George Mason University Civil Rights Law Journal
The individual has the autonomy of choice respecting matters of sex, gender, and procreation. The findings of science as established by the knowledge class, together with the policy preferences of that class in this domain, should be imposed on everyone. These propositions reflect two central creeds of what this Article calls the "new establishment." They, or statements like them, are the basis for policies across the nation touching many walks of life, from business to education, media, advertising, science, healthcare and medicine, and more.
Whether these propositions constitute a "religious" establishment turns out to be an irrelevant distraction. To be sure, some have argued that the new establishment is religious in nature, but the hypertrophy of the concept of religion in American law has made the legal category "religion" so malleable as to render it useless as an analytical tool. And, at any rate, "religious" belief responds to the world in which it is situated. When that world tells dissenting citizens that their beliefs are irrational, antiscientific, and benighted—and that their objections to new establishment creeds are discreditable because they are "religious”—dissenters may be forgiven for taking the world at its word. If these dissenting views are religious, it is the new establishment that has made them so and, in consequence, entangled itself in religious controversy.
Free exercise exemption has long been thought of as a way to resist the new establishment. Yet, the dynamics of resistance are ambiguous. Individual exemption, unless connected to a larger strategy, can validate and strengthen the new establishment. Piecemeal carve-outs to the new establishment sometimes can reinforce and sanction its dominance and entrench the supplicant position of the exempted. Many advocates of religious exemption do not object to this state of affairs. They insist that they have no interest in disrupting the new establishment. They are committed to it, too.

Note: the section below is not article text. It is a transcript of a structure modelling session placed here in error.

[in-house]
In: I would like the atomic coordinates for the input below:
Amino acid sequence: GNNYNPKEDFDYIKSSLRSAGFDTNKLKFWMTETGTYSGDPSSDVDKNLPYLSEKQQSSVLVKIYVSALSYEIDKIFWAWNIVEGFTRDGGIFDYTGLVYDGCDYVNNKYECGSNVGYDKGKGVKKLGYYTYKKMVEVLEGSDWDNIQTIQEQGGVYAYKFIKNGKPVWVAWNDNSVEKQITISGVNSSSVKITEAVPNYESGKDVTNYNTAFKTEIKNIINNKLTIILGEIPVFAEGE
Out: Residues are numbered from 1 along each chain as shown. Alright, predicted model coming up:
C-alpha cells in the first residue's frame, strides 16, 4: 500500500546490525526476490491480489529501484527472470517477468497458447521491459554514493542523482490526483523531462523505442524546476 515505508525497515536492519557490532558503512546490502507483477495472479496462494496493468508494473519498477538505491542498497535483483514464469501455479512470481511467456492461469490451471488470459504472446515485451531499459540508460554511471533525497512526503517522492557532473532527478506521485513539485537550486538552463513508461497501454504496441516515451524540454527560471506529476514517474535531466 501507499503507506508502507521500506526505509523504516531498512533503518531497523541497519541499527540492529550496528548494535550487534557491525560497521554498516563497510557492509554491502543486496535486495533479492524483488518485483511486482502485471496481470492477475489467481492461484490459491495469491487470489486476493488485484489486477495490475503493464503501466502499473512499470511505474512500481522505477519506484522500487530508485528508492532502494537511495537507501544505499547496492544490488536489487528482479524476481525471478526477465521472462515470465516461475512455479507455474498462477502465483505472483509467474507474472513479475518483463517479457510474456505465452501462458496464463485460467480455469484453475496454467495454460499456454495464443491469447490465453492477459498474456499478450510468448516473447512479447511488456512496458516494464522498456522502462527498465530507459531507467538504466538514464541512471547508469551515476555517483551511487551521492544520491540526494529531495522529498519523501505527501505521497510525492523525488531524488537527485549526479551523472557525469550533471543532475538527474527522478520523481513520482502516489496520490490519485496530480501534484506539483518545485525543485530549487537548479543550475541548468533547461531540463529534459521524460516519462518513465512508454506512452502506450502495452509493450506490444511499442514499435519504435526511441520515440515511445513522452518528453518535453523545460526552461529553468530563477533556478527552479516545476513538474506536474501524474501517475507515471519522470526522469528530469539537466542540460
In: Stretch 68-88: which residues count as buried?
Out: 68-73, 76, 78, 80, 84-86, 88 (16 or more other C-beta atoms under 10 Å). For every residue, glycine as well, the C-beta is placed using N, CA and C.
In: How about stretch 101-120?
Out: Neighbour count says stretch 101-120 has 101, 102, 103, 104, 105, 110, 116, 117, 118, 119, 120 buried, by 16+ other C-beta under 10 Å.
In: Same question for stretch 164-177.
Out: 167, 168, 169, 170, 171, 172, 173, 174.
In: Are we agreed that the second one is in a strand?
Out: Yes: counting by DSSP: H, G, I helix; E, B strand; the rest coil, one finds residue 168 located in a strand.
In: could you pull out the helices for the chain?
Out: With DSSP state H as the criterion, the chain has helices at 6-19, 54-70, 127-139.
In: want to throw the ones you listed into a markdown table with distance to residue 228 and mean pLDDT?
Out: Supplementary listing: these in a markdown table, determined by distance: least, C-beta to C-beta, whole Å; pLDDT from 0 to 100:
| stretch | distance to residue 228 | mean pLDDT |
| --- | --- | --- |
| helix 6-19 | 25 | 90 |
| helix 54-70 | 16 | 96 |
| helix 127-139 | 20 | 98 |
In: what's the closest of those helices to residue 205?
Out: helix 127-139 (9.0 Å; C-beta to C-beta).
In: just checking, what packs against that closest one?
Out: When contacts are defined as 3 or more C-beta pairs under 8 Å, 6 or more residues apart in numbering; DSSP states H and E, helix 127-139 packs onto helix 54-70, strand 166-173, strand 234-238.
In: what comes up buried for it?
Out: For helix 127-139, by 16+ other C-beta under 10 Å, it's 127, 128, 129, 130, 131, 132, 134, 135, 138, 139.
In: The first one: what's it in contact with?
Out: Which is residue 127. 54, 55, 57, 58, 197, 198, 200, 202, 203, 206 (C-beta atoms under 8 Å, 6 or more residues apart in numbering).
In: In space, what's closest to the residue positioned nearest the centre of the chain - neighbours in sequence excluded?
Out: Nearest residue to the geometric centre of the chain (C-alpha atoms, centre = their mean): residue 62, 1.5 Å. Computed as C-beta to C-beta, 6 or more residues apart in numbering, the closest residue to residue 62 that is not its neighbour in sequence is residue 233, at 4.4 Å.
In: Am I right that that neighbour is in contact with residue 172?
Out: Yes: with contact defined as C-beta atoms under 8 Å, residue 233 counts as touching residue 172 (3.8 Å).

Yet, partisans of the new establishment are not wrong to sense possible danger from expanding rights of free exercise. These rights, if synthesized and organized, could become broader pockets and subcommunities of disestablishment. There is a continuum between free exercise, disestablishment, and establishment. Dissenting positions on American life involving family, education, religion, sex and gender, and other controversial subjects might be stitched together from the somewhat disaggregated set of free exercise exemption micro-victories to constitute challenges to the new establishment. To do that, however, would demand concerted action involving some mechanism other than exemption. It is not plain that advocates of religious exemption are interested in that project, but the project may be coming whether they like it or not. Unlike the new establishmentarians, some prominent free exercise advocates have not adequately appreciated—or do not wish to see—that the real fight is not about an individual exemption here or there, but about the future shape of the American establishment.